May 9, 2018

Prager University, ‘Intellectual Dark Web’ bypass MSM, draw big audiences

First, Matt Knaster learned that any deal with Iran would be a disaster. Then he learned that feminism was bad. Then, gun control was Big Brother control.

Those views all came from snappy videos from the nonprofit, non-accredited Prager University, which draws big numbers as it molds conservative minds, BuzzFeed reports. Knaster discovered them when he was a sophomore in high school, and says it took only two months to clear out his formerly liberal views and “reform them.”

Another way to mold minds comes from what conservative thinkers call the “Intellectual Dark Web,” which is full of figures who promote biological differences between men and women and the toxicity of identity politics, among other ideas.

As the Trump administration pulled away from the complex Iran nuclear agreement, these two stories, by BuzzFeed’s Joseph Bernstein and Bari Weiss for the New York Times, shed light on the underpinnings of some of these views. While Nick Kristof called Trump’s retreat “vandalism,” Prager learners would it call common sense.

“So many of our institutions have been overtaken by schools of thought, which are inherently a dead end,” Weiss quotes evolutionary biologist Bret Weinstein as saying. The Intellectual Dark Web, as he puts it, is an “unschooling movement.”

The Times and the BuzzFeed stories both highlight the enormous popularity of people espousing views that many would consider far outside the mainstream of modern thought. In fact, to read the stories turns that idea on its head; for the people following these beliefs, they have become the new mainstream.

For those of you who wonder, step by step, the effect of Trump’s walk-away from the Iran accord, here’s an explainer by Vox’s Zack Beauchamp.

Quick hits

GOOGLE NEWS, RETHOUGHT: Personalized. The full story. Google rolled out a new version of Google News on Tuesday, which will replace Google Play Newsstand on mobile and desktop and the Google News & Weather app on mobile.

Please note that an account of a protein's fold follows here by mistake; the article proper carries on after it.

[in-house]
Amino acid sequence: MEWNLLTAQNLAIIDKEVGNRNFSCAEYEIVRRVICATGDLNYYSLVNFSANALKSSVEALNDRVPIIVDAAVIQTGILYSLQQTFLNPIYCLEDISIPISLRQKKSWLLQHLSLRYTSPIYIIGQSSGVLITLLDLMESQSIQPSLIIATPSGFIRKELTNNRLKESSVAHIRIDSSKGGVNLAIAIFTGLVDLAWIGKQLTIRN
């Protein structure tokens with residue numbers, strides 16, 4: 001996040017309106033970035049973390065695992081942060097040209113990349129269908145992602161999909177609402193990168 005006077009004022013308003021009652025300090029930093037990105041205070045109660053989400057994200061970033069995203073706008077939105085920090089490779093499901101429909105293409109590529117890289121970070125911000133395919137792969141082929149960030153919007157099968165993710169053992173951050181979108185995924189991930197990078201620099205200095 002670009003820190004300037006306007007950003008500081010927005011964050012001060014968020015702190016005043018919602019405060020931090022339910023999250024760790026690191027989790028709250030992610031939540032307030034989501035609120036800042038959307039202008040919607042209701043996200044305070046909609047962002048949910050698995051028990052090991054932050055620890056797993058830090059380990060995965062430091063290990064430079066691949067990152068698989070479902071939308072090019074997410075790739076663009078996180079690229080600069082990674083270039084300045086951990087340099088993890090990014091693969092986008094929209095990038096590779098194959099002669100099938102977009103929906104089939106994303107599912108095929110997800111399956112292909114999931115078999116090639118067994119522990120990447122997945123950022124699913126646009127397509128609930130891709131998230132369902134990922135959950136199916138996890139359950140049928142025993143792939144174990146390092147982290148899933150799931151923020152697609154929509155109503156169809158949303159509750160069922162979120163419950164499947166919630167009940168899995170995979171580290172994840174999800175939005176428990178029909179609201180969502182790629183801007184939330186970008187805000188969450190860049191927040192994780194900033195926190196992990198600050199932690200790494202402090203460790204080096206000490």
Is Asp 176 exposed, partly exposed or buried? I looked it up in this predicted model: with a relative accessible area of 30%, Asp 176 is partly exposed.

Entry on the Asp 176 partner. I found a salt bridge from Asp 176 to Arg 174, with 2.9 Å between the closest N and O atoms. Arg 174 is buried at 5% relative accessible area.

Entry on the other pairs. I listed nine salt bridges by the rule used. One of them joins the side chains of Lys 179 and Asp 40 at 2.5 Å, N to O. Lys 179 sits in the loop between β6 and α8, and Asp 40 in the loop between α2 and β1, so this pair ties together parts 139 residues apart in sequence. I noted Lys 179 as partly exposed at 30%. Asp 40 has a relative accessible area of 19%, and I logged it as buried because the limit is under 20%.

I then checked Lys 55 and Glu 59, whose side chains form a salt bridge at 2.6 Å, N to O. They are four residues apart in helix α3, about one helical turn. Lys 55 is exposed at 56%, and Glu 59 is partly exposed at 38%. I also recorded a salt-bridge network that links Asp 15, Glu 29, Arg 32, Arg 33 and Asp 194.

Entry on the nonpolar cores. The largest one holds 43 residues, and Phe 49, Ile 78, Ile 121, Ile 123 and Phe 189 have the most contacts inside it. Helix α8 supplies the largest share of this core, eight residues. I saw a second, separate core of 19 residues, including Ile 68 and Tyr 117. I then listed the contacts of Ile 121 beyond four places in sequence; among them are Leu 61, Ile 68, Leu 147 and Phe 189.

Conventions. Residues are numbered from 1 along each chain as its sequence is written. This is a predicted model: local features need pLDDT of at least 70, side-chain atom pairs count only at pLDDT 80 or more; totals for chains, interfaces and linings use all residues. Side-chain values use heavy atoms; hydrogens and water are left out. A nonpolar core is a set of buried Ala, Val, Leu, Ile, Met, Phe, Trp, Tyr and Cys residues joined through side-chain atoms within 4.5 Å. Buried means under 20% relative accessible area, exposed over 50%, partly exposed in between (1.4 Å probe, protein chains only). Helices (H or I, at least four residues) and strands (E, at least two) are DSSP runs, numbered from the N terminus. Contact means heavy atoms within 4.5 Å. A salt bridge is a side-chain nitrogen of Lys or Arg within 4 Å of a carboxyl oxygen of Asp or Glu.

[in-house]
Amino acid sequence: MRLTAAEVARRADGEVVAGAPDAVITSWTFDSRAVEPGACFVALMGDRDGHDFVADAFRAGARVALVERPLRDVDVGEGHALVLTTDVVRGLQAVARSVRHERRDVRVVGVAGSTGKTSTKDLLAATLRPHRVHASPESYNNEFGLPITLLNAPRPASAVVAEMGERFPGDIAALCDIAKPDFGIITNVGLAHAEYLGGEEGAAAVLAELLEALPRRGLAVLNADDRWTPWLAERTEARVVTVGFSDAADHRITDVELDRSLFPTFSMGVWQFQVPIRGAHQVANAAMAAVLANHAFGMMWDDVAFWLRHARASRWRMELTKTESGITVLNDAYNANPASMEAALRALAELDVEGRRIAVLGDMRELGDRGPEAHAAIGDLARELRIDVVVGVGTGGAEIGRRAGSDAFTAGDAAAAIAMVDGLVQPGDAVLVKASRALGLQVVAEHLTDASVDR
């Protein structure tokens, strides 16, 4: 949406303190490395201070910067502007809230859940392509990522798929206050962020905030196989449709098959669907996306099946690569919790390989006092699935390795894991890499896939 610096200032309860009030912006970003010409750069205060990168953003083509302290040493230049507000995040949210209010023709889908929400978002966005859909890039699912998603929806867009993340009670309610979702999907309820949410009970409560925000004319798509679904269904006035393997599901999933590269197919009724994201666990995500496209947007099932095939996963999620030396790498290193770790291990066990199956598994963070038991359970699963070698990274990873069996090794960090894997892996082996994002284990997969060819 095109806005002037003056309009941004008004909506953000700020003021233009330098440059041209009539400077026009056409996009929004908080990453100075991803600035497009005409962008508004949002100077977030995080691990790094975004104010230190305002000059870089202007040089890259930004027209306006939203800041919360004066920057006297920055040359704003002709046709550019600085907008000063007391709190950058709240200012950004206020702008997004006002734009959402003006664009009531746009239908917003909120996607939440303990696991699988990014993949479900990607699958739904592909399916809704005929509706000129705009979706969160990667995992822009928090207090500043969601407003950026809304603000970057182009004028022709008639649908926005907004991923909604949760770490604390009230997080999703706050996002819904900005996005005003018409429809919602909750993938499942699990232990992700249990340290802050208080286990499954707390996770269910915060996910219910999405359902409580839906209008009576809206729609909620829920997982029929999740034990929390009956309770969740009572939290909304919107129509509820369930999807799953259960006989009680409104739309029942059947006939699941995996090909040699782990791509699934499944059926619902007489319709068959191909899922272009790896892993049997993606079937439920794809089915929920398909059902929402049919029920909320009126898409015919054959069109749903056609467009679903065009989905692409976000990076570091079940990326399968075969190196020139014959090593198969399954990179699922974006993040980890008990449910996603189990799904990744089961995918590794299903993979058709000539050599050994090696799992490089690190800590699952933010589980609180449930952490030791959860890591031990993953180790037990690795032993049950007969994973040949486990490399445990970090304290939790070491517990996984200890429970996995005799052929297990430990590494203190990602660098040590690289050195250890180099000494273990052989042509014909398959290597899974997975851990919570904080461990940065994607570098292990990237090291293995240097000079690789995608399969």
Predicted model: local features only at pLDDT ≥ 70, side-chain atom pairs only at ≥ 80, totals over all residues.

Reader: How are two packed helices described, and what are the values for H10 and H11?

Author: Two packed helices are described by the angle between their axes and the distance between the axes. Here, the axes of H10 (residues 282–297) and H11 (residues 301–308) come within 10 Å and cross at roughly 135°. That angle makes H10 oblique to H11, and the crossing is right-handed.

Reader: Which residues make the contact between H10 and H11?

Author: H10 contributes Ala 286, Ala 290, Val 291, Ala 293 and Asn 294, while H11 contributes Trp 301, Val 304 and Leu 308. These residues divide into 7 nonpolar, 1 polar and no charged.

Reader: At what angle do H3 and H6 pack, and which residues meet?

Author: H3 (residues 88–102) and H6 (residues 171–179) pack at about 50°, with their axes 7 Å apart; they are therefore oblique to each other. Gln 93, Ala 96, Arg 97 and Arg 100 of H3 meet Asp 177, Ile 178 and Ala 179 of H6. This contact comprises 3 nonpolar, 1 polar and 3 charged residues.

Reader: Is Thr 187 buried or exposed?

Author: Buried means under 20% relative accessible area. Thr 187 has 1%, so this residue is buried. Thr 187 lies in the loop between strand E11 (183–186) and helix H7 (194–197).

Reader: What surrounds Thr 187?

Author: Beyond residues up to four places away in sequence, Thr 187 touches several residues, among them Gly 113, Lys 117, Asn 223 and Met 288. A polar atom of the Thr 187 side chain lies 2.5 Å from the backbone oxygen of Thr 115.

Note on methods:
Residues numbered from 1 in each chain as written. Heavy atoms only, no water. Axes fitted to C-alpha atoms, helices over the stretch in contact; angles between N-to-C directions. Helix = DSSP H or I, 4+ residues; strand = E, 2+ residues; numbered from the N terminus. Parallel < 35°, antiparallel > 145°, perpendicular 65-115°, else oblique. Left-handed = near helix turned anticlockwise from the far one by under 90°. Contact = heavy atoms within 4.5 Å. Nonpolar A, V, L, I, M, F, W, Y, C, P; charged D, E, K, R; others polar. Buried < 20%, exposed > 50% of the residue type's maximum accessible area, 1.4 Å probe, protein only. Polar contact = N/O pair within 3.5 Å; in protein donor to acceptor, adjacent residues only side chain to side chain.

BANNING ADS IN IRELAND: Facebook said it would block political advertising from groups based outside Ireland for the nation’s referendum May 25 on an abortion ban. Tools like the ban on foreign advertising and transparency on who is behind each ad will be rolled out elsewhere as the company focuses on the 2018 midterm elections in the U.S.

FACEBOOK’S SHAKEUP: It’s the biggest in the company’s 15-year history, and includes a new senior-level blockchain position, via Recode.

SALT LAKE CITY CUTS: Tribune publisher and owner Paul Huntsman told his newsroom staff on Tuesday to expect layoffs and a review aimed at shrinking its print edition. He said in the two years since he acquired the paper, ad revenue is down 40 percent, and circulation has gone from 85,000 to fewer than 31,000.

JOINING FORCES: Vox and Quartz announced a partnership Tuesday called "Concert C-Suite" that combines their collective ad inventory for marketers to target 14 million elite business readers across their sites, Axios’s Sara Fischer reports.

KICKING THE TIRES: Qatar’s government, which owns Al-Jazeera, has sought to acquire a major stake in Newsmax, the conservative media company run by President Trump’s friend, Chris Ruddy, Politico’s Ben Schreckinger reports. Last week, the Guardian reported that Qatar bought a $6.5 million apartment in a Trump building in New York. Qatar has spent more than $16 million in all in that Trump building. The Gulf emirate has been scrambling for better relations with Trump after Saudi Arabia, with Trump administration support, imposed an embargo on Qatar last June.